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Best seat in the house

Star Trac Pro: Luxurious exer-bike with unique creature comforts and electronics.

Likes: Solid, quiet, club-quality machine includes innovative features such as fold-down armrests, a telescoping heart-rate contact bar (to accommodate different arm lengths), a fan and a well-ventilated seat with a large hole carved out of the middle. It also lets you create personalized workouts utilizing a personal digital assistant, then records and tracks your average heart rate, calories burned and other workout data on printable charts and graphs. Low-step, walk-through design adds safety for older exercisers.

Dislikes: On the pricey side for a home exer-bike.

Price: $3,195. (800) 228-6635; http://www.startrac.com()
SportsArt C53r: Custom fit, feel and convenience.

Likes: Solid, quiet machine has resistance controls on handholds so you don’t need to reach up to the screen to make changes. Two easy-reach water bottle holders up front. Easy-adjust back support on the soft, mesh seat can tilt to a custom-fit position and includes a seat-back pouch that can hold an ice bag. A large, centered handle in the front assists getting on and off. Has numerous programs, a walk-through design and self-generating power supply (so no electrical plug-in needed).

Dislikes: None.

Price: $2,299. (800) 709-1400; http://www.sportsartfitness.com()
Vision R2250 HRT: Exer-bike programmed for serious fitness.

Likes: Solid, near-club feel and good looks. Includes large dot-matrix screen and “Sprint 8,” a tough, high-performance 20-minute program that quickly ramps up fitness and weight loss with eight 30-second “anaerobic” intervals. Walk-through frame.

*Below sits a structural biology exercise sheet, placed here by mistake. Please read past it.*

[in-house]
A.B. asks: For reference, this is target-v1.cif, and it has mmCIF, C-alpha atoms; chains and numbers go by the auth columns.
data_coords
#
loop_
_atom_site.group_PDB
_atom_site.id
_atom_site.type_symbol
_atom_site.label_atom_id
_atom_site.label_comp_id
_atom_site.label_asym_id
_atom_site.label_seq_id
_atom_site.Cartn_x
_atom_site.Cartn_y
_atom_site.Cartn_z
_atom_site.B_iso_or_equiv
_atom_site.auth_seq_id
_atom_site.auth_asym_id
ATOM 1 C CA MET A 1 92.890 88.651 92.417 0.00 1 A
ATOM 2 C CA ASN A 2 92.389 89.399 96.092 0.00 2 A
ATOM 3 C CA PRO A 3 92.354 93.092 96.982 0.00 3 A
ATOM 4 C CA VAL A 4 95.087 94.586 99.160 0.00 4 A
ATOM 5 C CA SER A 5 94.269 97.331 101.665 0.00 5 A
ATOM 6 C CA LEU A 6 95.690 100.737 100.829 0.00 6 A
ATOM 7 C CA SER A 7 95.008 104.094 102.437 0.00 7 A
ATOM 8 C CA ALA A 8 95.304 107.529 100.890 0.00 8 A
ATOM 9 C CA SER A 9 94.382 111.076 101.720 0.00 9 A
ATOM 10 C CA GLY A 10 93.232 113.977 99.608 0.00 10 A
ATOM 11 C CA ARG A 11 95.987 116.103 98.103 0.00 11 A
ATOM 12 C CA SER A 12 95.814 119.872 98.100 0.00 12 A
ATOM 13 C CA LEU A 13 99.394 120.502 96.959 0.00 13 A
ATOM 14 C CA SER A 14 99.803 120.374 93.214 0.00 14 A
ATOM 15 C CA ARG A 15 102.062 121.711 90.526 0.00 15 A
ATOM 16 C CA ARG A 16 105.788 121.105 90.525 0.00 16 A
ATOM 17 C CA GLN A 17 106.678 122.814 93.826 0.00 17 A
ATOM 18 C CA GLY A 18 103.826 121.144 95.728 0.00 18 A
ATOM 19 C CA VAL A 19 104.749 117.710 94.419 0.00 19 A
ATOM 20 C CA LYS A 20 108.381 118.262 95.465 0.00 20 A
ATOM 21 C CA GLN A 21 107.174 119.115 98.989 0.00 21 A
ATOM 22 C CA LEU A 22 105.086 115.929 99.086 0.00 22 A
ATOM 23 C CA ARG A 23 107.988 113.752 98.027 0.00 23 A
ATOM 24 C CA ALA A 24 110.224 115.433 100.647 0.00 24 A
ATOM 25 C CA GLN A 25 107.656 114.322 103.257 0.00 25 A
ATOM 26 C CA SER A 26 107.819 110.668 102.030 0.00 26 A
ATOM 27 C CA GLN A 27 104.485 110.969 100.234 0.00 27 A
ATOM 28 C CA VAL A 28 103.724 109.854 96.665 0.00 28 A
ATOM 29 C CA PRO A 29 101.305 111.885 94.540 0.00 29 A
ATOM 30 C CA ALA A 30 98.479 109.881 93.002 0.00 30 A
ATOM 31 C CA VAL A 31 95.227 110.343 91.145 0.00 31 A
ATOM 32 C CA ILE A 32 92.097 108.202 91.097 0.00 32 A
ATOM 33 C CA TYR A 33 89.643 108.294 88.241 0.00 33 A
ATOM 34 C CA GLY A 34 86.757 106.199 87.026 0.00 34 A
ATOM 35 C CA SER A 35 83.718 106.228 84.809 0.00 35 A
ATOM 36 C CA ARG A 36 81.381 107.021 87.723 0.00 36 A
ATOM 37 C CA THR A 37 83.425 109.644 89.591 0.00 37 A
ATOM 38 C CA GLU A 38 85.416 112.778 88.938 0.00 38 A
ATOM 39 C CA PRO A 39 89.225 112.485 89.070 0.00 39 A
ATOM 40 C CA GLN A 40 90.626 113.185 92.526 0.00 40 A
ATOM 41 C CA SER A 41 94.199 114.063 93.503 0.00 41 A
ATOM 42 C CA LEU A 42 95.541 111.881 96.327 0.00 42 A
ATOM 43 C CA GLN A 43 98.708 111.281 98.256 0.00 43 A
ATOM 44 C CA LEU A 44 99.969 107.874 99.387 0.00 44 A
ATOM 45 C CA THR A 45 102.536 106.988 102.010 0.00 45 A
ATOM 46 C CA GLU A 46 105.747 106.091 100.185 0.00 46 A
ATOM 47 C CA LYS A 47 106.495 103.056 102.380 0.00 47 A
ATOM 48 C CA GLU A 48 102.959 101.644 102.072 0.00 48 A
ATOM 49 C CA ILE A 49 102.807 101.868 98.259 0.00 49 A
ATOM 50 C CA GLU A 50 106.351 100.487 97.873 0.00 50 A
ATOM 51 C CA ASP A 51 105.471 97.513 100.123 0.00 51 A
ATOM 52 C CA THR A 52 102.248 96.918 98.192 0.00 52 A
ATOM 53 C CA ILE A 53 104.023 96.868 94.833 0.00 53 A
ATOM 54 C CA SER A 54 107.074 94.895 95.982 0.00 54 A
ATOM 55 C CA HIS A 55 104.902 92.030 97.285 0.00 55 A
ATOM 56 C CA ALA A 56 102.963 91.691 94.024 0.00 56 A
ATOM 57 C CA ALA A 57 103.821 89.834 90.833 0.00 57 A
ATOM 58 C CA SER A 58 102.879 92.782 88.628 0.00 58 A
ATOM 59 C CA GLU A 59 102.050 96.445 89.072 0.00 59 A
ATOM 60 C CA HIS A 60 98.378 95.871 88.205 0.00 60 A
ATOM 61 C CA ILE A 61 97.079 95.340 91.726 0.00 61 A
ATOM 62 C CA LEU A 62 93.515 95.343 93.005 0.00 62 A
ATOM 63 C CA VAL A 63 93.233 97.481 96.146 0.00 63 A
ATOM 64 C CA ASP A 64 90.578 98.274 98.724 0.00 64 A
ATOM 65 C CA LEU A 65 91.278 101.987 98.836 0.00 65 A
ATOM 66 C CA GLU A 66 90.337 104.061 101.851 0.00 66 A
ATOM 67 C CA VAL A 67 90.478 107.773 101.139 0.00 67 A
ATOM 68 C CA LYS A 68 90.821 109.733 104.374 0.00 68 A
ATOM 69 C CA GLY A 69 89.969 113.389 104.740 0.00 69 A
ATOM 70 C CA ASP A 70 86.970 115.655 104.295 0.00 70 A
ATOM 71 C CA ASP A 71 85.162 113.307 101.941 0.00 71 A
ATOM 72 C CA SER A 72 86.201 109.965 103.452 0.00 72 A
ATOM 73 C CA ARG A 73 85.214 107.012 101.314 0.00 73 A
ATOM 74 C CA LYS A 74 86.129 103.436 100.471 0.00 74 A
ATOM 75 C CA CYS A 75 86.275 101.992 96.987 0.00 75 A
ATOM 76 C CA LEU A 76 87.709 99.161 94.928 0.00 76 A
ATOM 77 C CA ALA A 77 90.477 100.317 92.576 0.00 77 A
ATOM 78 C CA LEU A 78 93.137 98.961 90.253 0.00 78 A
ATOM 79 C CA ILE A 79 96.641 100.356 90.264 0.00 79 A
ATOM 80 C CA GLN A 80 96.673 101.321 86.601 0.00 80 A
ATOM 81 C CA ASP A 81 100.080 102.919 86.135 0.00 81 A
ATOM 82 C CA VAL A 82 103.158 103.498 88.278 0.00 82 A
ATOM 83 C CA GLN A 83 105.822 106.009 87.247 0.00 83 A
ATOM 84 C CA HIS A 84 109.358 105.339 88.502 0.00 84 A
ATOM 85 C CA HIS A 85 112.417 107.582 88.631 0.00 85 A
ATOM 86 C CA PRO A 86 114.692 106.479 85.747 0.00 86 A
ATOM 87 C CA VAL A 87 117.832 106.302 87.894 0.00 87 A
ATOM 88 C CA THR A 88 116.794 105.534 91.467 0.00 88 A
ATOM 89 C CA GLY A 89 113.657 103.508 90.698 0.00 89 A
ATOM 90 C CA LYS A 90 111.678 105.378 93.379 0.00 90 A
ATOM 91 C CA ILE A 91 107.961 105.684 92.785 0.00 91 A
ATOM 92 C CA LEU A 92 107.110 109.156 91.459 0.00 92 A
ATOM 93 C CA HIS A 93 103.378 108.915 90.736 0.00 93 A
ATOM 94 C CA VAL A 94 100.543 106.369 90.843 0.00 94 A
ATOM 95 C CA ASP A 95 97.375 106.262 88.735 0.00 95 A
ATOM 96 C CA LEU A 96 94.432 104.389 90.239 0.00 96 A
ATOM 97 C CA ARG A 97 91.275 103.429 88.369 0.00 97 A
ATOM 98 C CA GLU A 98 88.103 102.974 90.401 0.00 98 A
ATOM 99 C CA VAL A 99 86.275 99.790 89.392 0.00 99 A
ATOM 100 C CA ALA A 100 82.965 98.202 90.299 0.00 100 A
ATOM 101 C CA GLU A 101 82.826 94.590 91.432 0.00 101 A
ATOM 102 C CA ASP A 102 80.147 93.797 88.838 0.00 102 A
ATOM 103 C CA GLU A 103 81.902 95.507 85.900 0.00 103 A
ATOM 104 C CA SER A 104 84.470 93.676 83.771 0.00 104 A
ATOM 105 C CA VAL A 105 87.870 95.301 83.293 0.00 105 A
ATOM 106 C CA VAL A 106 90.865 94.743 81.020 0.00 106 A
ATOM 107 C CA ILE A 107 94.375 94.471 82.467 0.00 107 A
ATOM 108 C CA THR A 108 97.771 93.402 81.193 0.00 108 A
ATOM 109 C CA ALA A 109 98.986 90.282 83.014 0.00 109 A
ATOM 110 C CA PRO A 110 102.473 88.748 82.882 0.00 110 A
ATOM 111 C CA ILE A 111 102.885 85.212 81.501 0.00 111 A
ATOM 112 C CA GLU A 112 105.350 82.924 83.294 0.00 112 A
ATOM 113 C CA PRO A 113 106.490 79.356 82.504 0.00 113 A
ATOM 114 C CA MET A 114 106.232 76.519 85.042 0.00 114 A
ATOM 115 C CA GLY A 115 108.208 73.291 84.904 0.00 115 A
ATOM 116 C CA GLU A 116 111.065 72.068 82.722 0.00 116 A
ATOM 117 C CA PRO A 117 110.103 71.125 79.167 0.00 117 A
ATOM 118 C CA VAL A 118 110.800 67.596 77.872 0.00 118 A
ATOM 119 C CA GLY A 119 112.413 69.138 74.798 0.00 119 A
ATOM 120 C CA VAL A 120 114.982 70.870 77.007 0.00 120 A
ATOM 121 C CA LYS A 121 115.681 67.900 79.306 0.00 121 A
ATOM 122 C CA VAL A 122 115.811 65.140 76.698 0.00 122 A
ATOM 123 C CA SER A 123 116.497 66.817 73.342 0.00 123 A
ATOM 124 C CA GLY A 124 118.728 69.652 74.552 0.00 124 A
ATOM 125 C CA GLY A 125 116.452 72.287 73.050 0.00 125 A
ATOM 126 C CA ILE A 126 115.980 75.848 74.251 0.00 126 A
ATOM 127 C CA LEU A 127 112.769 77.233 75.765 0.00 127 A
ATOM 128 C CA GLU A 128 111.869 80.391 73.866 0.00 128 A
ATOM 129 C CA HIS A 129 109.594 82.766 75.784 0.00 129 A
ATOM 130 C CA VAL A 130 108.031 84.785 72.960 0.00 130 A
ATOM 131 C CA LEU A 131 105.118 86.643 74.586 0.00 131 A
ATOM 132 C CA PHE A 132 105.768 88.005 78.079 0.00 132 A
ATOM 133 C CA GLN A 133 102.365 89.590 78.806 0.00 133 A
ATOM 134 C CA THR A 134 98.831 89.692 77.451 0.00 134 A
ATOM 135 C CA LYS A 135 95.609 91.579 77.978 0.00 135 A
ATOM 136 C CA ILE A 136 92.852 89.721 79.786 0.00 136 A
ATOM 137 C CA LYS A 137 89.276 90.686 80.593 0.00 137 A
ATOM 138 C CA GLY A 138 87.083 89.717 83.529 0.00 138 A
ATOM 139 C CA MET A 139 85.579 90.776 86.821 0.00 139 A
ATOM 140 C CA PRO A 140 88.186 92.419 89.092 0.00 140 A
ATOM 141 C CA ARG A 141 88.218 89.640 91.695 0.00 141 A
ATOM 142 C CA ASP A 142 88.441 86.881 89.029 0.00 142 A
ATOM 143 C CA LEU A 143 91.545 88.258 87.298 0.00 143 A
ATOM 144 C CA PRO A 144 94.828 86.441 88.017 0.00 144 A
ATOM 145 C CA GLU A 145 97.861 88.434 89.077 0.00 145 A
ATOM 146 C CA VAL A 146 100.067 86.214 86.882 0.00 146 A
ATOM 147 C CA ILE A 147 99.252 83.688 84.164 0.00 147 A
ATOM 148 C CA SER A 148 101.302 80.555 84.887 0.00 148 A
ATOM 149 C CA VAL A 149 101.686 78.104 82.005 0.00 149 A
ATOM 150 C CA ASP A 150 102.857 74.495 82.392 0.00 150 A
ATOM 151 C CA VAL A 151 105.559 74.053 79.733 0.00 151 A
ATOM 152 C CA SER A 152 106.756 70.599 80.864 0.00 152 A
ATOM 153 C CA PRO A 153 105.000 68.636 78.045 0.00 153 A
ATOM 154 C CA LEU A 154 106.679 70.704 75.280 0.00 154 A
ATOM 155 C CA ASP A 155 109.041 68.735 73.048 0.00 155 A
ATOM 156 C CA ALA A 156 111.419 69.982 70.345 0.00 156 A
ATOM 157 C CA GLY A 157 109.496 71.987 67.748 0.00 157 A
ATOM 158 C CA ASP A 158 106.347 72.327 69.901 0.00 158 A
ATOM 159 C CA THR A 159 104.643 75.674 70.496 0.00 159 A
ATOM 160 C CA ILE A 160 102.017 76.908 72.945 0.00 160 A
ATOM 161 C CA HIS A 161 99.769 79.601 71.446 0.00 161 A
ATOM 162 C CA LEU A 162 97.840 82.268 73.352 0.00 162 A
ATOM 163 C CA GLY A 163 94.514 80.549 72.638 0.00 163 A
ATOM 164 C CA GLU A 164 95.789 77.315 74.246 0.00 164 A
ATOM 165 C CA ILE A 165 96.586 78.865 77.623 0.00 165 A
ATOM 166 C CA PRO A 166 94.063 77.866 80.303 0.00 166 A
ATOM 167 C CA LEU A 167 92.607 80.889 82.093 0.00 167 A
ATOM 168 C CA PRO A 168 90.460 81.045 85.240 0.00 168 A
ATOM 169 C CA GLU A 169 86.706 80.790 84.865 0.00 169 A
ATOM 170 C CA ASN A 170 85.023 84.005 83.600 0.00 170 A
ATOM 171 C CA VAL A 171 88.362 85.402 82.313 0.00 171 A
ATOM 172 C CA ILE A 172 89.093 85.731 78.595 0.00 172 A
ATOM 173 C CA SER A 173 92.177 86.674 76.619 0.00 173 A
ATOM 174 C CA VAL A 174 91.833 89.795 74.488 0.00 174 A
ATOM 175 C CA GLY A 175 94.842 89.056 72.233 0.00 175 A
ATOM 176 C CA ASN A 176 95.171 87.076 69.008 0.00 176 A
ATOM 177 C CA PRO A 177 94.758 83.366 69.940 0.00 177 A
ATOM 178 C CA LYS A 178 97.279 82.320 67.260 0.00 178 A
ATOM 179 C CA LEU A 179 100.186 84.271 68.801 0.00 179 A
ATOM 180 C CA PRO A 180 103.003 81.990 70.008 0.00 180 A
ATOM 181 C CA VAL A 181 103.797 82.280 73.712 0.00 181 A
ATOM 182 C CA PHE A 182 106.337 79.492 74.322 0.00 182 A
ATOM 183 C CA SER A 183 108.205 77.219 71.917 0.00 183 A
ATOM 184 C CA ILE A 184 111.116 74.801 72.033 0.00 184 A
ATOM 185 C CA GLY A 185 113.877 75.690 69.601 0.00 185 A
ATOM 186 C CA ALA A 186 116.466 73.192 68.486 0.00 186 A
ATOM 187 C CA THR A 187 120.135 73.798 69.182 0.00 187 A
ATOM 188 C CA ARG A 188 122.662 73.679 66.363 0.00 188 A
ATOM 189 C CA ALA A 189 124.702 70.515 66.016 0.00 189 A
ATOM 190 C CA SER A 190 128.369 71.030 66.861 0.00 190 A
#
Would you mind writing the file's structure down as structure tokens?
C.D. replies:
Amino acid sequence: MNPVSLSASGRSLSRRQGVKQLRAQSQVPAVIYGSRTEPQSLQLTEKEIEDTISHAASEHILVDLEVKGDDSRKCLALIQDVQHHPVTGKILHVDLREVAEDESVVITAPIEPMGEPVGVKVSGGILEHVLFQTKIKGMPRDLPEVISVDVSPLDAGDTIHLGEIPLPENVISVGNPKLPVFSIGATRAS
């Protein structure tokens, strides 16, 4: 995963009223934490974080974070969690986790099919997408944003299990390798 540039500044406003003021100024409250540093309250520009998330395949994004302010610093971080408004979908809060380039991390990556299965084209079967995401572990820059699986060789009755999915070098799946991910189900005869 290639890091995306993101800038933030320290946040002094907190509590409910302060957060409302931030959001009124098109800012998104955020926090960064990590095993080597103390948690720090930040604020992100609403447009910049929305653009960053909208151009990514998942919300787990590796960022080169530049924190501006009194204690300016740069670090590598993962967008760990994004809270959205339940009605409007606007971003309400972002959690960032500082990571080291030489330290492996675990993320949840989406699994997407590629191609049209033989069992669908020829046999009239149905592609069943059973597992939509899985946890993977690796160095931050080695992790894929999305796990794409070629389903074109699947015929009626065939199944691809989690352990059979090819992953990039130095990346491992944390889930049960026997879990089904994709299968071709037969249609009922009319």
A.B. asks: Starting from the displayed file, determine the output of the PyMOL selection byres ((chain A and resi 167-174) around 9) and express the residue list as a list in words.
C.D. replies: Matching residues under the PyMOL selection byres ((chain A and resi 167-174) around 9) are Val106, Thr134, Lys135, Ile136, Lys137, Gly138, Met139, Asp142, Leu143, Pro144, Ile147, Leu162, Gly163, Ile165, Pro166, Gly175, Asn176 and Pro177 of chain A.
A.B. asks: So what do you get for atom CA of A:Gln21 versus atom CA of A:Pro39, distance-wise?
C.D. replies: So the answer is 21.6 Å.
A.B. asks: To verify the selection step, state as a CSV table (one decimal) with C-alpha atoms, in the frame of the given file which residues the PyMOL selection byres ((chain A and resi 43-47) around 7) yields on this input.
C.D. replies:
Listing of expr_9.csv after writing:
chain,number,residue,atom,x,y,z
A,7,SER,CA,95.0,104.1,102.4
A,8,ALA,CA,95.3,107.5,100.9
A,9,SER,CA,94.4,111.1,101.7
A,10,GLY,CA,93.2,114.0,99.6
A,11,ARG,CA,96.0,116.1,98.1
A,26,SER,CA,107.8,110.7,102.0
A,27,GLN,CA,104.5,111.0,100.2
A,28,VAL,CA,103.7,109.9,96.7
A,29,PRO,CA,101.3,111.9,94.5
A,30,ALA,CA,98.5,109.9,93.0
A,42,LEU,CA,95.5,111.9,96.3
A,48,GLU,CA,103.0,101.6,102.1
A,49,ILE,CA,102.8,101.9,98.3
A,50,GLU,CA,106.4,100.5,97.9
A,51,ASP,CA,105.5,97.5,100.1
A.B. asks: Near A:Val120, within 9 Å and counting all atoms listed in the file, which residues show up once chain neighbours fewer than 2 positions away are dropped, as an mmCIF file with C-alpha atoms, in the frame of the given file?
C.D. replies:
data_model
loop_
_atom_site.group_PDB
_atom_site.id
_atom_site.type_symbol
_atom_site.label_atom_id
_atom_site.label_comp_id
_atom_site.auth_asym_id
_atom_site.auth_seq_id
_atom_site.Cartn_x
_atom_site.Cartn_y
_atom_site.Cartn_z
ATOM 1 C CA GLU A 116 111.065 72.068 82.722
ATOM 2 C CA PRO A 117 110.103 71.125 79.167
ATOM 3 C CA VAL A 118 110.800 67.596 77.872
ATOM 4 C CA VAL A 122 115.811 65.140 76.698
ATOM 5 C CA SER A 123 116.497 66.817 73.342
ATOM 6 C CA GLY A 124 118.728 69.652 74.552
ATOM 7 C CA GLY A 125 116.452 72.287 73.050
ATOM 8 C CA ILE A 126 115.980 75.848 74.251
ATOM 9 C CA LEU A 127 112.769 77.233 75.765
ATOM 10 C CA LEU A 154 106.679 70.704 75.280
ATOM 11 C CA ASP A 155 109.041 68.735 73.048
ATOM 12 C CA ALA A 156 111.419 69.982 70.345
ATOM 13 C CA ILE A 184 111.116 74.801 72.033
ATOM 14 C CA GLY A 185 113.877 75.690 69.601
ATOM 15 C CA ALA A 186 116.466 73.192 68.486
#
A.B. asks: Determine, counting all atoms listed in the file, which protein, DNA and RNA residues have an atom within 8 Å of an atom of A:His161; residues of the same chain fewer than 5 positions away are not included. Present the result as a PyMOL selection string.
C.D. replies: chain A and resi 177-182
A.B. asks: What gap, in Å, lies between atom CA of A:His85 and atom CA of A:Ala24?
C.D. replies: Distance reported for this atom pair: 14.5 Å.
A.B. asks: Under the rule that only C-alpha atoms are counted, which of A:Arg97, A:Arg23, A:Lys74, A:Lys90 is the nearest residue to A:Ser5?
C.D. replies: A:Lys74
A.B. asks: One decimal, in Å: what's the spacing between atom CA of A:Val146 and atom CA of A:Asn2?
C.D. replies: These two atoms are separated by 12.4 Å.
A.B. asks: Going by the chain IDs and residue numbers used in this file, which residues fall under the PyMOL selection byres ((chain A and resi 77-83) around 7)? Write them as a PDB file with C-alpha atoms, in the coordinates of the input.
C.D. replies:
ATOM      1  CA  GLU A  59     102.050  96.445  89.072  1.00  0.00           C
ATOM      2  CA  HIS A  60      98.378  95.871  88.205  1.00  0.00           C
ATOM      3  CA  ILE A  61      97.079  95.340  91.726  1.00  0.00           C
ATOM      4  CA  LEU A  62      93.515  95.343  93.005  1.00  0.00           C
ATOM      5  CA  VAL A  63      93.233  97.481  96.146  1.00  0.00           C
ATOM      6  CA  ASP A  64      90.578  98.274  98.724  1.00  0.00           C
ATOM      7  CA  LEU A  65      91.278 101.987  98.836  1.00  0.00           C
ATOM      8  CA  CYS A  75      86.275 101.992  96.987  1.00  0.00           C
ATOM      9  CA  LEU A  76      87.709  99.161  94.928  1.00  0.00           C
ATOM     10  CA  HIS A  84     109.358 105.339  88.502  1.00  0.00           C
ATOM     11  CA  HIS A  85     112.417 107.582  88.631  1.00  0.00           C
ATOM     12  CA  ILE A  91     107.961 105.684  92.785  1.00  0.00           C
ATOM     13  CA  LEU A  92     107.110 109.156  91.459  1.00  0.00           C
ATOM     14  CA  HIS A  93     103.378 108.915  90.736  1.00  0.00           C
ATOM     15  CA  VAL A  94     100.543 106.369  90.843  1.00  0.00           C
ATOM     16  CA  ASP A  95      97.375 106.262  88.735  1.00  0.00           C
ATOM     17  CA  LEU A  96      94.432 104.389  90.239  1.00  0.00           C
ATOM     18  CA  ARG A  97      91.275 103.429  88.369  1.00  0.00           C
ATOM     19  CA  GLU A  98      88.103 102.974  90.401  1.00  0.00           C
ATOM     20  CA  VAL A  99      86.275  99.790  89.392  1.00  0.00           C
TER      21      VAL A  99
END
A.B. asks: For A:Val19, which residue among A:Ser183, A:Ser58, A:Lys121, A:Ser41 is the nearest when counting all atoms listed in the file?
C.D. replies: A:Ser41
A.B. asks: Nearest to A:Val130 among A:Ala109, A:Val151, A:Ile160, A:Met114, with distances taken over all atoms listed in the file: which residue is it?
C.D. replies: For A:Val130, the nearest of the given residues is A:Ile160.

Dislikes: None.

Price: $1,499; (800) 335-4348; http://www.visionfitness.com()
Lifecore 900RB: Innovative, compact bike with stunning graphics.

Likes: Dead silent. Beautiful, high-tech console display includes unusually crisp, bright, large, easy-to-read numbers, plus tells you time and temperature. Screen sits low, so you can easily watch a TV over it. To change resistance, you dial an iPod-inspired toggle-wheel that scrolls numbers. Seatback slides up or down; seat bottom can be finely adjusted instead of just in 1-inch increments. At 44 inches long, is a foot shorter than the others. Power cord plugs in from the front or back of the machine; also runs off batteries. At 108 pounds, it’s two-thirds the weight of the others.

Dislikes: Heart rate display is very slow to return to an accurate reading after you take your hand off the sensor.

Price: $1,099. (888) 815-5559; http://www.lifecorefitness.com()
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